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What is depreciation?

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Depreciation is an accounting estimate of the general wear and tear on your organization’s fixed assets and is recorded in the CDP survey annually as depreciation expense in the Non-Personnel Expenses section and in the Balance Sheet section as accumulated depreciation. It reflects the fact that physical assets like buildings or equipment lose value over time and eventually need to be replaced.  

In the Expenses section of the CDP survey, there is a line for the amount of depreciation expense for the fiscal year you are working on. The amount could be on your Income Statement or Statement of Activities if you are audited or reviewed, your Statement of Functional Expense (Part IX, Line 22) on your Form 990, or on your Profit and Loss Statement from your accounting software. 

In the Assets section of the CDP Balance Sheet, you are asked for your Fixed Assets Net of accumulated depreciation.  This is your total fixed assets amount minus the accumulated depreciation for those fixed assets.  This is often how fixed assets appear in the Statement of Financial Position in your audit or review, and in the Balance Sheet of your 990.  If you enter an amount on that line in the CDP survey, you must enter the Gross Fixed Assets amount and the accumulated depreciation of those assets (accumulated depreciation is entered as a negative number). On an audit or review, accumulated depreciation may be listed in the Statement of Financial Position, or in the notes section under a heading sometimes called Property and Equipment.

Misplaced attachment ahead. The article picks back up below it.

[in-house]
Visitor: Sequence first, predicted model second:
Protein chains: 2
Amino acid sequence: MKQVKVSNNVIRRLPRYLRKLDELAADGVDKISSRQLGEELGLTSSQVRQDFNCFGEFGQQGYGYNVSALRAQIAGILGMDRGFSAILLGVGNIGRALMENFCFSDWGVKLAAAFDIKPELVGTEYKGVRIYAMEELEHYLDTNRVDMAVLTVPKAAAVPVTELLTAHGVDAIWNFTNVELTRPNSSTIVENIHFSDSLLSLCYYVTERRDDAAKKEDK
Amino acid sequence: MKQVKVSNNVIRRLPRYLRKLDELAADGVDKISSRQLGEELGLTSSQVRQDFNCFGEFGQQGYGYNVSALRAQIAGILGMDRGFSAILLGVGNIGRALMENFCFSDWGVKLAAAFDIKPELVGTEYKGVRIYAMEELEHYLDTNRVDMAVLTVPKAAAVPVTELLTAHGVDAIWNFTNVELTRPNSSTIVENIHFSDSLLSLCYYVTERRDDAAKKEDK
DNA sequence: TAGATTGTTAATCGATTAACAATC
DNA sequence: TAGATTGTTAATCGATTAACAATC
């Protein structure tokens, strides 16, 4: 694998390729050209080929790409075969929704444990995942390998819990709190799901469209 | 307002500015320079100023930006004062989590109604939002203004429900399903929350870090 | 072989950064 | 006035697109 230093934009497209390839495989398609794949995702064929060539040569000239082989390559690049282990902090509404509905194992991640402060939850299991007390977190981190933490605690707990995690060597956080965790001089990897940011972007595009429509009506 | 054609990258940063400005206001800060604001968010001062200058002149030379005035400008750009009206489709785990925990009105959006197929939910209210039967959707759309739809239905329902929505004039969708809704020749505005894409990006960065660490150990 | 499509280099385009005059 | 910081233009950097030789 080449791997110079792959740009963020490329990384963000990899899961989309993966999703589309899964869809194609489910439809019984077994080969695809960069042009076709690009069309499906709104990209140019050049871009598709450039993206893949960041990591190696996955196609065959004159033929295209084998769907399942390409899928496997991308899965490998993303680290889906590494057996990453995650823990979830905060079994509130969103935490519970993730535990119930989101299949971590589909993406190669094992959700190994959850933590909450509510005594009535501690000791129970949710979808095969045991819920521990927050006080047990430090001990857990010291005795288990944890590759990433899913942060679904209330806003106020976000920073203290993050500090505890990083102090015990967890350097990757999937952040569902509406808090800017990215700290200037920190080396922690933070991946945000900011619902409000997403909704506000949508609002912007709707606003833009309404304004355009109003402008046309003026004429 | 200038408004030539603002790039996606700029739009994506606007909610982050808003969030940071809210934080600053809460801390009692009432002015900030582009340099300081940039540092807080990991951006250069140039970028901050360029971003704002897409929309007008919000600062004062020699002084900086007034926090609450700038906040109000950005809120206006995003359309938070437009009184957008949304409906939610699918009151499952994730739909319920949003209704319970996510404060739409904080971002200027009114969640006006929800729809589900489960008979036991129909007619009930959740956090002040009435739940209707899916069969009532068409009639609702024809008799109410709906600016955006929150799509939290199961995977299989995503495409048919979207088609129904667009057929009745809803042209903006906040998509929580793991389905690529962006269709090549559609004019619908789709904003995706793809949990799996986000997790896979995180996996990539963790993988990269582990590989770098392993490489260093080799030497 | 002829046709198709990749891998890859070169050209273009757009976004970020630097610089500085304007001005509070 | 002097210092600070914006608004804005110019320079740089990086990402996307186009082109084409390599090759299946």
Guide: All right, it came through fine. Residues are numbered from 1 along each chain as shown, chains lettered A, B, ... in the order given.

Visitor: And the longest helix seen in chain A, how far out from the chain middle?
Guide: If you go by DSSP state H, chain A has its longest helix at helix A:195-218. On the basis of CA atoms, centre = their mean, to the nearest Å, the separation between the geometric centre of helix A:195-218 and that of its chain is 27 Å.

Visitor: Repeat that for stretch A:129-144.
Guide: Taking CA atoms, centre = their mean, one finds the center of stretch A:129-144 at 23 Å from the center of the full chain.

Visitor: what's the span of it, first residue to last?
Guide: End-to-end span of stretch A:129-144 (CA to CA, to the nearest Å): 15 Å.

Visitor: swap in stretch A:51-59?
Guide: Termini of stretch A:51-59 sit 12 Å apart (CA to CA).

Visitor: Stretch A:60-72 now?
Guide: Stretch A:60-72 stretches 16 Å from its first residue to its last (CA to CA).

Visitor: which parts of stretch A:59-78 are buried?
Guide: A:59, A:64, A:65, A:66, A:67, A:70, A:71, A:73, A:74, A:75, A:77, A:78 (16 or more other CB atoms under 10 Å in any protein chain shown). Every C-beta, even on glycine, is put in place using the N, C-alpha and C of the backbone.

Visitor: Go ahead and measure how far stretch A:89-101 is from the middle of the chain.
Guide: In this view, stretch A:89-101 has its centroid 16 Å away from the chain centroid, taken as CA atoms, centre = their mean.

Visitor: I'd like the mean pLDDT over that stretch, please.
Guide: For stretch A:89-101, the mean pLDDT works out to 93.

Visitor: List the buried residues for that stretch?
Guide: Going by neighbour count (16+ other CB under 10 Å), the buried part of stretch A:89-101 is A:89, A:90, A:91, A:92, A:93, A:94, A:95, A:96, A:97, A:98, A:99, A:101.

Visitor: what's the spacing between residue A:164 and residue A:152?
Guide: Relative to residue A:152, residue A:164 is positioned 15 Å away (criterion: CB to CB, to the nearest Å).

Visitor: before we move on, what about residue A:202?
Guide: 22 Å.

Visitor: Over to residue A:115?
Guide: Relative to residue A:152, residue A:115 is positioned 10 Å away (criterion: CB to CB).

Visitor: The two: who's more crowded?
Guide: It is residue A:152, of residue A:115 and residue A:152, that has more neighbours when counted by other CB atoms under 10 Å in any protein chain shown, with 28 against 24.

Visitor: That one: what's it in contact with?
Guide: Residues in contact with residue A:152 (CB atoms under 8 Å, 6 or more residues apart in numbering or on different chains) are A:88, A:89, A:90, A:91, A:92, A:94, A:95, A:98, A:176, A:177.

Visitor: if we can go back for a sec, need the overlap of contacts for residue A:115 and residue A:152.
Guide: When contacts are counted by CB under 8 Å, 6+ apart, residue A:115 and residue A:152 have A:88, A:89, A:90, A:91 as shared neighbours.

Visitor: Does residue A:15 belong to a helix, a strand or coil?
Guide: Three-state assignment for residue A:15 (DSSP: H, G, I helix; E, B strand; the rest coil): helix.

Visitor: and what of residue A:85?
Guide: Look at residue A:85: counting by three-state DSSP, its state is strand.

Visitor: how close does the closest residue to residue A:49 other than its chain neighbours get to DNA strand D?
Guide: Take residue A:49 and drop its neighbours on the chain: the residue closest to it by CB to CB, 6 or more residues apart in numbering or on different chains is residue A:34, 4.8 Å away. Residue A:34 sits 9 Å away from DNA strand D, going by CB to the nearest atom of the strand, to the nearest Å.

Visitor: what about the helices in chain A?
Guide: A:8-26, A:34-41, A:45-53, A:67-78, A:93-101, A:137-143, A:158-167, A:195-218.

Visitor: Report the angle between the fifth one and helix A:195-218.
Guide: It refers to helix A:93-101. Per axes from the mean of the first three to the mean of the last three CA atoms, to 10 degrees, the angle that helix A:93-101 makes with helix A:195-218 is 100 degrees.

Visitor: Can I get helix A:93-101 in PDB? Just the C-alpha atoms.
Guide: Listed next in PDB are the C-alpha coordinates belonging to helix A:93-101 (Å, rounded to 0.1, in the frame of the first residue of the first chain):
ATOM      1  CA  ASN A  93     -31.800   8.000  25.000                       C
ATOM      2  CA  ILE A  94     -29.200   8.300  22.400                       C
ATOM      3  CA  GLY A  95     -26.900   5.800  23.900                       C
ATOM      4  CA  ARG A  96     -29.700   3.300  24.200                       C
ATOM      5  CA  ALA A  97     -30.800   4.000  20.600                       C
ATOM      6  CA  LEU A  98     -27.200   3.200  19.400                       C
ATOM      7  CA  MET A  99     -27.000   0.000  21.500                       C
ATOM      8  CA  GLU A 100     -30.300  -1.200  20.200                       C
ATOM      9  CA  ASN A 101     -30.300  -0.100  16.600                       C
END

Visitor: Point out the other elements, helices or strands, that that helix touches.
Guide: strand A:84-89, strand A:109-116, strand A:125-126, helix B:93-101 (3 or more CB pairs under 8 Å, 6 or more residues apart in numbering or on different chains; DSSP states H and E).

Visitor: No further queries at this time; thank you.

Ignoring depreciation is a risky strategy. Just because no one sends your organization a bill for depreciation doesn’t mean it doesn’t matter. If your organization has no cash-on-hand when the roof begins to leak, the HVAC breaks down, or production equipment becomes obsolete, you put your programs and organization at risk. 
A smarter strategy is to set aside savings each year into a reserve dedicated to the future care of fixed assets.  Ideally, the value of this reserve will approximate the amount of accumulated depreciation on the balance sheet. Some organizations use the depreciation expense from their Statement of Activities as a proxy for the amount they should save each year. An even better method for estimating savings needs is an engineer's assessment of the size and timing of future repairs and replacements. 
Many organizations find it difficult to cover annual depreciation expense with operating revenue alone. They may periodically need to raise additional capital through special fundraising efforts, or a campaign. However, it’s risky to delay fundraising for depreciation until a specific need arises. Organizations should always have some savings on hand for the unexpected emergency. 
Management Tip:  Consider hiring a qualified engineer who can provide an estimate of your organization’s future fixed asset needs. Then, align your savings goals to these needs, and budget to meet them. If you can’t afford an engineer’s assessment, use depreciation expense as your savings guide. Savings for future fixed asset replacements should be set aside in a dedicated cash reserve.



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